A number of notable albums have landed on shelves over the past few months. A number of them with local connections. Leading the bunch are two William Schuman releases from Gerard Schwarz and the Seattle Symphony. Schwarz and the local orchestra have been slowly recording all of William Schuman’s published symphonies and assorted orchestral pieces for Naxos. The final two releases in the series, disks featuring the Eighth Symphony and the Sixth Symphony , come coupled with shorter orchestral pieces also played by the SSO. The former includes the ballet score Night Journey and Variations on America; the later, Prayer in a Time of War and the New England Triptych — two patriotic pieces. On both releases, Schuman’s pieces are given heartfelt readings and the recordings are natural, faithful representations of the orchestra and the Benaroya Hall acoustic.
Bion Tsang and Anton Nel, two of the Seattle Chamber Music Society’s regular festival musicians, are out with a recording of Johannes Brahms’ two cello sonatas . The performances are idiomatic and warm. The recording, taken from live performances in Jorban Hall at the New England Conservatory, is a touch distant, especially Nel’s piano. The highlight of Nel and Tsang’s release aren’t the two cello sonatas, but Tsang’s arrangement of four Hungarian Dances for cello and piano. Tsang worked from Joseph Joachim’s arrangement of dances one, two, four, and five for violin and piano for his own arrangement for cello and piano. Played on cello, the dances sound earthy, robust and are a welcome new look at this familiar repertory.
The other release with local-ish connections is a two disk set of music for violin and piano played by James Ehnes . Ehnes makes fairly regular stops at Benaroya Hall and is an Assistant Artistic Director for the Seattle Chamber Music Society. For the release, Ehnes is joined by Wendy Chen (disk one) and Eduard Laurel (disk two). Disk one is packed with Ehnes’ inspired accounts of Ravel’s Tzigane and Sonata for Violin and Piano, Debussy’s Sonata for Violin and Piano, and Saint-Saens’ First Sonata for Violin and Piano. The second disk is made up of spirited run-throughs of lighter music for violin by Pablo de Sarasate and Henryk Wieniawski.
Unlike La Traviata, which Leonard Slatkin admitted he didn’t know when he conducted the opera (once) with the Metropolitan Opera, Rachmaninov’s orchestral music is familiar territory for the conductor. Slatkin’s earlier St. Louis Symphony cycle of the three symphonies was often overlooked in favor of more famous accounts by Ashkenazy and Previn. However, Slatkin’s accounts brimmed with likable energy. Slatkin’s account of the First Symphony was a favorite of mine, and is still my preferred recording of the piece. His new recording of the Second Symphony, coupled with the Vocalise has the benefit of vastly improved sound which showcases Slatkin’s flair for Rachmaninov’s lyricism better than the often murky, earlier Vox release. Slatkin seems to approach the symphony with more restraint than the previous release. Maybe Slatkin is mellowing with age. Nonetheless, you will be hard pressed to find a more loving rendition of this symphony.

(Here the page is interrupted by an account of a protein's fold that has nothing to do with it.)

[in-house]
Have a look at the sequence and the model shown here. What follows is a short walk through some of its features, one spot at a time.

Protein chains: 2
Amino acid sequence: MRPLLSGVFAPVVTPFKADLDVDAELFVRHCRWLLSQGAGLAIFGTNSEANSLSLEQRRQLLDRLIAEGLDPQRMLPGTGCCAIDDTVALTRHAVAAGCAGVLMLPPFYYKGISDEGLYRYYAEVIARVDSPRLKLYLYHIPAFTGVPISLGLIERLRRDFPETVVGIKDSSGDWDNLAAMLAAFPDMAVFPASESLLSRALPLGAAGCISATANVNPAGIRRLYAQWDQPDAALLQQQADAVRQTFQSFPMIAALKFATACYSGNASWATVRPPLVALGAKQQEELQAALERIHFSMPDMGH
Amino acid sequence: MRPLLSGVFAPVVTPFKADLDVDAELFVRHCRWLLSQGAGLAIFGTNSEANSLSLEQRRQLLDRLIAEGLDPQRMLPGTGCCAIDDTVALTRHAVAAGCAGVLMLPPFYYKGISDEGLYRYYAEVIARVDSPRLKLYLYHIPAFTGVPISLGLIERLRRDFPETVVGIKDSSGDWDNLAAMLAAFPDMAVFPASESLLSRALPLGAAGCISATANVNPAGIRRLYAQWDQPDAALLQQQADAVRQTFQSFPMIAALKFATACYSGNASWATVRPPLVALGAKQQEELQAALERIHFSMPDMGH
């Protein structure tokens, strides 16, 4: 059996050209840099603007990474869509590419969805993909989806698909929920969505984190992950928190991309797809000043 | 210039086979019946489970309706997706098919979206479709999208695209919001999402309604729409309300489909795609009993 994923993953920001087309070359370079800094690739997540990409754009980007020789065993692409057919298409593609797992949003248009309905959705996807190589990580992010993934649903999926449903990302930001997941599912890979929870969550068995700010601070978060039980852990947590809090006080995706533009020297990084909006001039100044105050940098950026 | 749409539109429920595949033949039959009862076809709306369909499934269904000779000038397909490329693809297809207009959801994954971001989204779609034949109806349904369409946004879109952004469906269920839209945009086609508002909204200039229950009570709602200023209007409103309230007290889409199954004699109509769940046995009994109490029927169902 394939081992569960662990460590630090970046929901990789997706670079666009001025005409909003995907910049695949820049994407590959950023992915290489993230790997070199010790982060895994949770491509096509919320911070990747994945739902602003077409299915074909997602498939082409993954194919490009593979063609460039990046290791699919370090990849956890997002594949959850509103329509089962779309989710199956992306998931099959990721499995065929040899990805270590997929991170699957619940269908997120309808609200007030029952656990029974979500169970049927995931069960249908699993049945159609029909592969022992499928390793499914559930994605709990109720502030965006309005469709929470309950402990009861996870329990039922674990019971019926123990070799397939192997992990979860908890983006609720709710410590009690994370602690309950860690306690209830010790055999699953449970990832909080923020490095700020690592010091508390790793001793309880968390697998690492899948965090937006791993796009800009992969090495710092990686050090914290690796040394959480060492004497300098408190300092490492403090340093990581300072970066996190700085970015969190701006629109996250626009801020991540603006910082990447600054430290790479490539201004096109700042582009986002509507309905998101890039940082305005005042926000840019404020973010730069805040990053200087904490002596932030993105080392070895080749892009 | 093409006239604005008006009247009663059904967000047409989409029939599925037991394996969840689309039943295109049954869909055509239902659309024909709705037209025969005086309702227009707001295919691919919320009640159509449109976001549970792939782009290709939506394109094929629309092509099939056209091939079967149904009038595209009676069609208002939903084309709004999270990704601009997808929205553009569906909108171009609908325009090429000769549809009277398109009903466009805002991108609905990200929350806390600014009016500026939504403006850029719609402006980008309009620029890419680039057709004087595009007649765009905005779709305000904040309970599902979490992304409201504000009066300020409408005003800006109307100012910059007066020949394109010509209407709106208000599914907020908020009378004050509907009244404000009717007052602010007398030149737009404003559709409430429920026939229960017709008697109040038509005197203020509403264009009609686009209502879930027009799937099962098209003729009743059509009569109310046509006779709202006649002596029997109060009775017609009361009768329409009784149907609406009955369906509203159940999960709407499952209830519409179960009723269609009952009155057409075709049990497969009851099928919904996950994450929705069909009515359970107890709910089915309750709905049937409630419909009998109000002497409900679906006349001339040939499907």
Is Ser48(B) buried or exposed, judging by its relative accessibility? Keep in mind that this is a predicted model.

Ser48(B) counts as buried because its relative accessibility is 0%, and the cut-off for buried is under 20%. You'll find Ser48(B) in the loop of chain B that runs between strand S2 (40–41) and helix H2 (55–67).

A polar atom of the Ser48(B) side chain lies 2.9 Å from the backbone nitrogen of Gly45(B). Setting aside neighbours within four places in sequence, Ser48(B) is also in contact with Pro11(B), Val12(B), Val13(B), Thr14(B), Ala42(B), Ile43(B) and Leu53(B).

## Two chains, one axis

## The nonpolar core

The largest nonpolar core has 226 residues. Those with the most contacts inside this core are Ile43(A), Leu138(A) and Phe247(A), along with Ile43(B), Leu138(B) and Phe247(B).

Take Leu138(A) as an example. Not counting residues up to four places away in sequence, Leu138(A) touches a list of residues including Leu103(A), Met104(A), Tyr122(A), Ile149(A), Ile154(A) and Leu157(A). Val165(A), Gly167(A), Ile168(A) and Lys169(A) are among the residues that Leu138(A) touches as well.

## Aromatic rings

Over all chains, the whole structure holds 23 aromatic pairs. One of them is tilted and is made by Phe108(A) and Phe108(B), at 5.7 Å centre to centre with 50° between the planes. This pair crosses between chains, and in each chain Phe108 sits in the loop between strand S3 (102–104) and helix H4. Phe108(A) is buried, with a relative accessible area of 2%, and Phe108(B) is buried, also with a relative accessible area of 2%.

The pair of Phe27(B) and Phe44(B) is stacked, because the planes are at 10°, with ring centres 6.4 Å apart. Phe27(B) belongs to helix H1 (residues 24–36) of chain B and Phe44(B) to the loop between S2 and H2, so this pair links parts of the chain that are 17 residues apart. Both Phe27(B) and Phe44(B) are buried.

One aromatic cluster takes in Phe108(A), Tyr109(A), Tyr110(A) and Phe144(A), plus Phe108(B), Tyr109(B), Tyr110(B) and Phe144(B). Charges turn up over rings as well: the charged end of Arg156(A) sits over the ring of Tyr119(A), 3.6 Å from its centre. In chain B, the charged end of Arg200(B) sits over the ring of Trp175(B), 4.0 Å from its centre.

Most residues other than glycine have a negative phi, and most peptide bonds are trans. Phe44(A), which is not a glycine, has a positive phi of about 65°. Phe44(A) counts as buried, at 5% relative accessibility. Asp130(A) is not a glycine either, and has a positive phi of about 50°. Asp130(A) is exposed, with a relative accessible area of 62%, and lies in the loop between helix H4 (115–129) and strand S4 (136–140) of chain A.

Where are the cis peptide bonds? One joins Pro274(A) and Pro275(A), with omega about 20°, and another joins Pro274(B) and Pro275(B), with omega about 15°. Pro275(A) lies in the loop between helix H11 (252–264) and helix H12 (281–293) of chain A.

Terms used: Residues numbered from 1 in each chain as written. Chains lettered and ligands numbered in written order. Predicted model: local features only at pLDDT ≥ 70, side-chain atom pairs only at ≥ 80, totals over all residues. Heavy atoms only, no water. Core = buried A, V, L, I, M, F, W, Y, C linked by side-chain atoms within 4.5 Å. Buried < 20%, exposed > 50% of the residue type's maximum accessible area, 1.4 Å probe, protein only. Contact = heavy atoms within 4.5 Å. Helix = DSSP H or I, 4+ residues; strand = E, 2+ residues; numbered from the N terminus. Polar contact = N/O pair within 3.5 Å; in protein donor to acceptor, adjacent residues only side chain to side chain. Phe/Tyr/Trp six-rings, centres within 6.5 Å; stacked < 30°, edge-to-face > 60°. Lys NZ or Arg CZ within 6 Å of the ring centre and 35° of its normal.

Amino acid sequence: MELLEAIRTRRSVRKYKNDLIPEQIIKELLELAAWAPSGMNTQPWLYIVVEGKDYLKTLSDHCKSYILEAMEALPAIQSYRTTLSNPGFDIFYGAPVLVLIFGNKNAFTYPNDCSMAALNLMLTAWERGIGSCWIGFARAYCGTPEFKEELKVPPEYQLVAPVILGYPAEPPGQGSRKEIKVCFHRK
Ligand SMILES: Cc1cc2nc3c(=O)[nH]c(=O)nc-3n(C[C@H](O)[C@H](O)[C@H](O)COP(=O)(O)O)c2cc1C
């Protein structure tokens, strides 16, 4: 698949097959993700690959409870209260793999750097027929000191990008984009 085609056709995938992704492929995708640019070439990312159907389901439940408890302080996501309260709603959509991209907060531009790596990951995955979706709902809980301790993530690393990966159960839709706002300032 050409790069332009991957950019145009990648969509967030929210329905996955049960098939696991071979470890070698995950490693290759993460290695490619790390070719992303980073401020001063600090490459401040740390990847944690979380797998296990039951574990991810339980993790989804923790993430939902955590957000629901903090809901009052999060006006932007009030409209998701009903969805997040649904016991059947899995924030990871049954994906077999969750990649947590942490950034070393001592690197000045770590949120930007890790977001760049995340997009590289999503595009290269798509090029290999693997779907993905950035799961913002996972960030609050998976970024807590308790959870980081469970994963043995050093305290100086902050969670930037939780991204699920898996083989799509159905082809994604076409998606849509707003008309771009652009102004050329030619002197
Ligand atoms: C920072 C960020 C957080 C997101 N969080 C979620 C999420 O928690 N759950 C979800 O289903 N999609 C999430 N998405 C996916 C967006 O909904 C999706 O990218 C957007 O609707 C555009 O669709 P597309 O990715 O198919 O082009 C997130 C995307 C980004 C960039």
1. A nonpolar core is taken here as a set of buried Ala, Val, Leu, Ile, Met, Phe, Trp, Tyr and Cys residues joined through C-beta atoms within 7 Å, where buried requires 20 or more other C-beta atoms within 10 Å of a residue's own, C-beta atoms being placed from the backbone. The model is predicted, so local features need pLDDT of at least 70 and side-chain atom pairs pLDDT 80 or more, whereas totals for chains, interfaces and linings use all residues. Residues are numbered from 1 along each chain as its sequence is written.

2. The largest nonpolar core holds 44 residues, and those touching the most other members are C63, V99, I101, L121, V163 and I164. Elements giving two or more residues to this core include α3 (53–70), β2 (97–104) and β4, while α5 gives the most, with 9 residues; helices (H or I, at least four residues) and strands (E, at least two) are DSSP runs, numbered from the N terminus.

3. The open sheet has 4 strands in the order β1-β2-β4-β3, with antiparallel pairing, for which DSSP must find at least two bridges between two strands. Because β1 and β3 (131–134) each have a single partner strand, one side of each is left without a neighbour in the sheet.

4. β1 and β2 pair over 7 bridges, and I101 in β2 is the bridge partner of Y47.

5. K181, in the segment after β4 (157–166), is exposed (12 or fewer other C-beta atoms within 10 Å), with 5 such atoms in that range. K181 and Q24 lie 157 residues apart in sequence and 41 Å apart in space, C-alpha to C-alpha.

Finally, two new releases by quartets – one by the saxophone only Prism Quartet; the other by the pioneering Kronos Quartet – add to the growing discography of classical music from Asia. The latest release from the Kronos Quartet, . On this particular release, the Kronos players, along with virtuosi of Central Asian instruments and performing styles, present pieces and arrangements of music inspired by Central Asia (think Afghanistan). Of all the pieces on the album, Rangin Kaman is the most classical. The result of a commission by the Kronos Quartet, the piece weaves traditional Afghani instruments with the quartet’s stringed instruments into distinct sections that blur notions of Western and Eastern music. The remaining tracks on the album are arrangements of five Azerbajani songs.
The Prism Quartet’s new release, Antiphony , is a release of music for saxophone and traditional Chinese instruments (described in the notes as an instrumental odd couple), written for the group by some of classical music’s leading Chinese composers. Half of the names are familiar – Chen Yi, Zhou Long, Tan Dun – but the music on this album is a surprise. If you thought a saxophone quartet would never be able to sound at home with the twangy rusticity of the Huqin, vocal qualities of the Ehru, or the brilliant sound of the Yangqin, think again. This is an album you’ll want to hear more than once — I did.